Complained of for selling Places.

Who said, "That John Adrian, late Sheriff of London, and Lucas de Batencourt, at that present Sheriff [viz. 1267.] and all other Sheriffs and Bailiffs, and their Clerks and Servants, as well in the Time of King Henry III. as of the King now, [Edward I.] take Gifts pro Officiis suis exercendis & non exercendis; i.e. for exercising or not exercising their Offices. And that without Money and Gifts they would not perfom, nor do their Duties."

This was a Grievance of the City complained of at other times; as appears by a notable Ordinance made by the Maior and Aldermen in the Beginning of King Edward the Second's Reign, for Clerks and Serjeants of the City, belonging to the Sheriffs; who were come to that pass, that the Maior and Aldermen could not get their Precepts and Executions performed. The Ordinance, as I find it in the Book Horne, was to this Tenor.

An Ordinance for Clerks and Serjeants of the City.

Lib. Horn. fo. 21. b.

"Whereas London, the City of the Lord King, in modern Times no doubt hath excelled other Cities in the Kingdom of England; and so much the more, for the daily Dangers happening in it, it ought more warily and securely to be governed by the Counsel and Help of very skilful Men, for the Royal State, and the Profit and Preservation of the People resorting hither. Hence it is, that when the Sheriffs of the said City, and their Ministers, according to the Precepts of the Maior and Aldermen, delay to make Executions of Businesses, which happen in the same City from divers Causes, as well for levying Debts of the King, as Debts of the City, as making Executions, according as Cases perhaps emerge: And when the Sheriffs of the said City, and their Ministers in each Execution, and the Precepts enjoined them by the Maior and Aldermen, are found so rebellious and remiss, that scarce any of the Precepts and Executions so enjoined, can be fulfilled either in Part or in Whole, or they be brought to their Duty:"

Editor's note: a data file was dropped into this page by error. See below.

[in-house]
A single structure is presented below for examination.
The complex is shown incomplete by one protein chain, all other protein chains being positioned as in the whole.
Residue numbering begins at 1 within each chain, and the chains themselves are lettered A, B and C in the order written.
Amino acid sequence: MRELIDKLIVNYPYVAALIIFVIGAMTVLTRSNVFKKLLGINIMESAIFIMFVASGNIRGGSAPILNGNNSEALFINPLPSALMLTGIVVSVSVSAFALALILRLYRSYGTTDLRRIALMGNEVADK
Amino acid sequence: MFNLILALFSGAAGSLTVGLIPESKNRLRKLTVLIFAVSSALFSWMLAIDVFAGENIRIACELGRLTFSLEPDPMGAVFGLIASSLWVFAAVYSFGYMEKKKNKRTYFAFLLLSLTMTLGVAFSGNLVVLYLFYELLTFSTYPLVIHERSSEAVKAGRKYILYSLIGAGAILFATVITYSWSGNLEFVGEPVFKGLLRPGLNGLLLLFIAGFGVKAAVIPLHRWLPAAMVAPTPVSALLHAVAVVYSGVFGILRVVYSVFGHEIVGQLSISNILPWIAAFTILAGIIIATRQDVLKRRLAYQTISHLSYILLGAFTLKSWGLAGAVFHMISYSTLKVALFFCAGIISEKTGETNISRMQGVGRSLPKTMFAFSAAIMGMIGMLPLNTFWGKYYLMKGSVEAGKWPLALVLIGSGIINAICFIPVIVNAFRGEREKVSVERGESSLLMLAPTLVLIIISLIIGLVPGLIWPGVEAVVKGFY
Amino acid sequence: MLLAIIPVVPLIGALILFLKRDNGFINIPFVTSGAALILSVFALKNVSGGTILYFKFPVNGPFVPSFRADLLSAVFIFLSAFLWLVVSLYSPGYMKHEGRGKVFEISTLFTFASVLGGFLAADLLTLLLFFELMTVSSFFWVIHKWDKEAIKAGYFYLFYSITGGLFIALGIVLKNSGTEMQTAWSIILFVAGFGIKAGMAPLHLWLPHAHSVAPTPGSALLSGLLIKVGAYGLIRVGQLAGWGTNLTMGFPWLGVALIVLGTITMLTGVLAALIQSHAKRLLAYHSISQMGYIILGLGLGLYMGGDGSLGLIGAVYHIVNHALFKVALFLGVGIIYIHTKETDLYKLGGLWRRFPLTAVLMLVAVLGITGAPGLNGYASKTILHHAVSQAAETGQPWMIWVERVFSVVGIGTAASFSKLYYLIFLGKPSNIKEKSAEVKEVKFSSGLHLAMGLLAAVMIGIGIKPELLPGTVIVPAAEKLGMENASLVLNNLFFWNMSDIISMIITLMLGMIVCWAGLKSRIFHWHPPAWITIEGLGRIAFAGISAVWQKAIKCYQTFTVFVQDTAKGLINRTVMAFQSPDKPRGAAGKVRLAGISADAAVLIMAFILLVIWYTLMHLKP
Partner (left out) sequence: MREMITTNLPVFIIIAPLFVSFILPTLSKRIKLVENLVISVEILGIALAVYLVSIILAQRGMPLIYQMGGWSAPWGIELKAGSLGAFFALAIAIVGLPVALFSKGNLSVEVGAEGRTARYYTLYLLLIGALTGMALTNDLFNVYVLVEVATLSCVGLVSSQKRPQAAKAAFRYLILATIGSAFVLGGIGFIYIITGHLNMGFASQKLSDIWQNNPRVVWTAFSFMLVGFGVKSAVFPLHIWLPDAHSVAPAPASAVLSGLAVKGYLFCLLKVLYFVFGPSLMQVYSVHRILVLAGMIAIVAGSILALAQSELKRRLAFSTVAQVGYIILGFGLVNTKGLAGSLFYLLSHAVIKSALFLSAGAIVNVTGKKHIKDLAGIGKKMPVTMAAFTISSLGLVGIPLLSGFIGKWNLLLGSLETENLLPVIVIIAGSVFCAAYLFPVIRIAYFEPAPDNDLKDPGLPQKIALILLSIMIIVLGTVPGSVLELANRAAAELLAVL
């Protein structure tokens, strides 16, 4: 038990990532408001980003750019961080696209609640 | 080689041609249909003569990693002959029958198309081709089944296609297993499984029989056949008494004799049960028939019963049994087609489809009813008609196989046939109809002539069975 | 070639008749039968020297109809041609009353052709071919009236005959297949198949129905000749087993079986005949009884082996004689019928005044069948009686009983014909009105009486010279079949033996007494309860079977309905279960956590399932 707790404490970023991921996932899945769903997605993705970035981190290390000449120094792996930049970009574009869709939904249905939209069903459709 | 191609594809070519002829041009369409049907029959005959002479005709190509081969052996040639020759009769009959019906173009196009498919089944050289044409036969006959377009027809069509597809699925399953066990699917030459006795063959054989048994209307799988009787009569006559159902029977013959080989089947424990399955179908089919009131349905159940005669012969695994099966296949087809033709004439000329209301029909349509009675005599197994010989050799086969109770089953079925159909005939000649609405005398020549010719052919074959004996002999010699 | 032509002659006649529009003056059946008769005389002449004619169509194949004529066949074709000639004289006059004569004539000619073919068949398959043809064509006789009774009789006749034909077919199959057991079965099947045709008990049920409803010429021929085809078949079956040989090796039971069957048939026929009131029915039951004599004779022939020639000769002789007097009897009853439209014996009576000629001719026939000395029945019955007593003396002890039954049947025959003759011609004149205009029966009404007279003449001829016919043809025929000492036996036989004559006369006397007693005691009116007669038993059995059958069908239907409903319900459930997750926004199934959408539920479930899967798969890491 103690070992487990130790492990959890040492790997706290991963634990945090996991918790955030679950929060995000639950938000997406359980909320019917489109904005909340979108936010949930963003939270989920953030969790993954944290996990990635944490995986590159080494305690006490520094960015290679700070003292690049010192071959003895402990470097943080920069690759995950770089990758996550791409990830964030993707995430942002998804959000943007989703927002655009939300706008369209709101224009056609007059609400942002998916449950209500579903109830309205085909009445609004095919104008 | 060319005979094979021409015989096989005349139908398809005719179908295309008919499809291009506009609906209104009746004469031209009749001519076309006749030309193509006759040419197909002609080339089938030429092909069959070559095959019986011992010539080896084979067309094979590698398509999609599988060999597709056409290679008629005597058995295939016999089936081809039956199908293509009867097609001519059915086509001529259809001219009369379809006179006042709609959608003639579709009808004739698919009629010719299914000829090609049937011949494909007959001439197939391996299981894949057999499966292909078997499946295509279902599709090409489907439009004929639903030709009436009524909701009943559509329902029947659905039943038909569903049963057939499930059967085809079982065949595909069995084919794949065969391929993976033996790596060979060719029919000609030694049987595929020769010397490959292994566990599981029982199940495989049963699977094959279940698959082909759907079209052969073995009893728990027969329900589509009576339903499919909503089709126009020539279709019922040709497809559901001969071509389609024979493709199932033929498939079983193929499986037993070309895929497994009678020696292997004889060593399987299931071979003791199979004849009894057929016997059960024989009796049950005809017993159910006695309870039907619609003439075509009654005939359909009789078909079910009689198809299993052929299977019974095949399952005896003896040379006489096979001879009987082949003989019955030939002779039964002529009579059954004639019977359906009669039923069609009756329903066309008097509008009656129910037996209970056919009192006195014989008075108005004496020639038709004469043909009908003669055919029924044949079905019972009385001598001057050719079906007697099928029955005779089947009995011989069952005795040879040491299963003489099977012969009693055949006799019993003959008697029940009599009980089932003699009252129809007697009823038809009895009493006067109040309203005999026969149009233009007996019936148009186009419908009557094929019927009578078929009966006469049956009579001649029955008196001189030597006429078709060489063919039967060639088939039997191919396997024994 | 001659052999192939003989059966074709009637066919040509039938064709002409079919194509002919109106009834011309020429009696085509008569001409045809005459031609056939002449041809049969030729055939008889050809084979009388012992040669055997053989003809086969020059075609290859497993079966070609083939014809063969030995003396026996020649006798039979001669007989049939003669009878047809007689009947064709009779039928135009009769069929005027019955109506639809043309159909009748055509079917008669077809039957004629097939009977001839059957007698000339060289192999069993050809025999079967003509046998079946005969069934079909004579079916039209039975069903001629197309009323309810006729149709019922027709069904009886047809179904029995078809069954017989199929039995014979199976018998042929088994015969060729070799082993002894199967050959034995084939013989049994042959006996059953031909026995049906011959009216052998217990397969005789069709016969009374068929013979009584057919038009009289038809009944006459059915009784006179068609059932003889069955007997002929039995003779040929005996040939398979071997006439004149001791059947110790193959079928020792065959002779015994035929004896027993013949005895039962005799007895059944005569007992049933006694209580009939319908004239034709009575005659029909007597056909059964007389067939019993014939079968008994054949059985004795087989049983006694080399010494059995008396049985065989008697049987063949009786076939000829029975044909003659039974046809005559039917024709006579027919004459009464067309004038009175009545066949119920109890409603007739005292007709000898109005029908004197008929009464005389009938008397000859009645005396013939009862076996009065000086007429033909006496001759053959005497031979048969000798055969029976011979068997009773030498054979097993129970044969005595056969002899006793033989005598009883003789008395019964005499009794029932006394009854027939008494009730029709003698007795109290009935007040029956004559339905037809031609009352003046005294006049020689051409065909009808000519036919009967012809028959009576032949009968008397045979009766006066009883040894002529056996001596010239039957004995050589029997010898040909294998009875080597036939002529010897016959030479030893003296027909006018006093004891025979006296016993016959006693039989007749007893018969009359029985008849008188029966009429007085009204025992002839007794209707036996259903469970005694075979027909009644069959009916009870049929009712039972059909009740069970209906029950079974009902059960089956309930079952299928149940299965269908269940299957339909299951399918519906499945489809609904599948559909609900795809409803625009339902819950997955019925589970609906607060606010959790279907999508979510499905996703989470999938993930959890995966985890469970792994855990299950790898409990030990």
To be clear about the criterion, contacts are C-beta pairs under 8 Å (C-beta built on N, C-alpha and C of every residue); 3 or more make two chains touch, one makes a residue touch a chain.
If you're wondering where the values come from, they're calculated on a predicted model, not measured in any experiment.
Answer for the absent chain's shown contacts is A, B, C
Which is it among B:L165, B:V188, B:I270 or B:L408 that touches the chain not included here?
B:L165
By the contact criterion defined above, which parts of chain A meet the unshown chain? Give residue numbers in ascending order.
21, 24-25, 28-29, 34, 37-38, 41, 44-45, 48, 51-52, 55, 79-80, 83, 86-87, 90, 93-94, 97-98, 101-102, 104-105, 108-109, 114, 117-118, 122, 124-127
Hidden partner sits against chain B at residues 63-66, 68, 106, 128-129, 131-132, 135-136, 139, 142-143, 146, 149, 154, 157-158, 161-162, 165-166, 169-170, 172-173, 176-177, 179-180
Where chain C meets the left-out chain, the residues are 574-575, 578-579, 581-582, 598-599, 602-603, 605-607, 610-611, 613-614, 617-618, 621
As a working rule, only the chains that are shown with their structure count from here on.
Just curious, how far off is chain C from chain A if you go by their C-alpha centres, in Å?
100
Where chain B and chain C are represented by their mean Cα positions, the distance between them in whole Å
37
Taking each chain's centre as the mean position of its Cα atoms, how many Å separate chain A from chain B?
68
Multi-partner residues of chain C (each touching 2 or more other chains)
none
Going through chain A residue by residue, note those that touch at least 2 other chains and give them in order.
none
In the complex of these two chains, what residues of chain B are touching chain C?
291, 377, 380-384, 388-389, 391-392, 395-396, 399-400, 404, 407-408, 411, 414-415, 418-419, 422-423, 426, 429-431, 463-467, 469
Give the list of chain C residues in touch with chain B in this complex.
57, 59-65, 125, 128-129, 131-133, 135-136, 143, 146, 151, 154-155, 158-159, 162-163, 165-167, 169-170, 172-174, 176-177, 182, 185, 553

"Thomas Romeyn Maior of London, John de Wengrave, &c. Aldermen, in the third Year of the Reign of King Edward, Son of King Edward, seeing the huge Dangers, and manifest Scandals which might easily hang over the City and Citizens of the same from hence, the ancient Memorials concerning the Ordinances of the City being searched, to correct such Defects of the Sheriffs and their Ministers, and to administer speedier Justice to every one, as is fit: We have now found registred the Punishment upon such Sheriffs and their Ministers so offending, provided and ordered. Which Punishment, not willing at present to encrease, change, or diminish, but rather taking Care to ratify and confirm; We have appointed by the common Consent of the Commonalty of the whole City then present, namely on Thursday next before Whitsunday, June the 4th, the Year abovesaid, that whensoever any special Precept on the Part of the Maior and Aldermen, for levying the Debts of the King or the City, or doing any other Business, specially touching the City, shall be done or appointed by the Sheriffs; that the same Sheriffs, by themselves or their Ministers, have a certain Day to answer upon the Precepts to them made, delivered, and appointed. At which Day if the Sheriffs come not, or come and shall not answer reasonably to their Precepts; or shall not excuse themselves by a reasonable Cause; that thenceforth they incur the Pain of Degradation, and be degraded from their Office; and their Servants, who shall be found obstinate in such Executions and Precepts, be wholly removed from doing or executing their Service for the future "

Degradation of a Sheriff.

in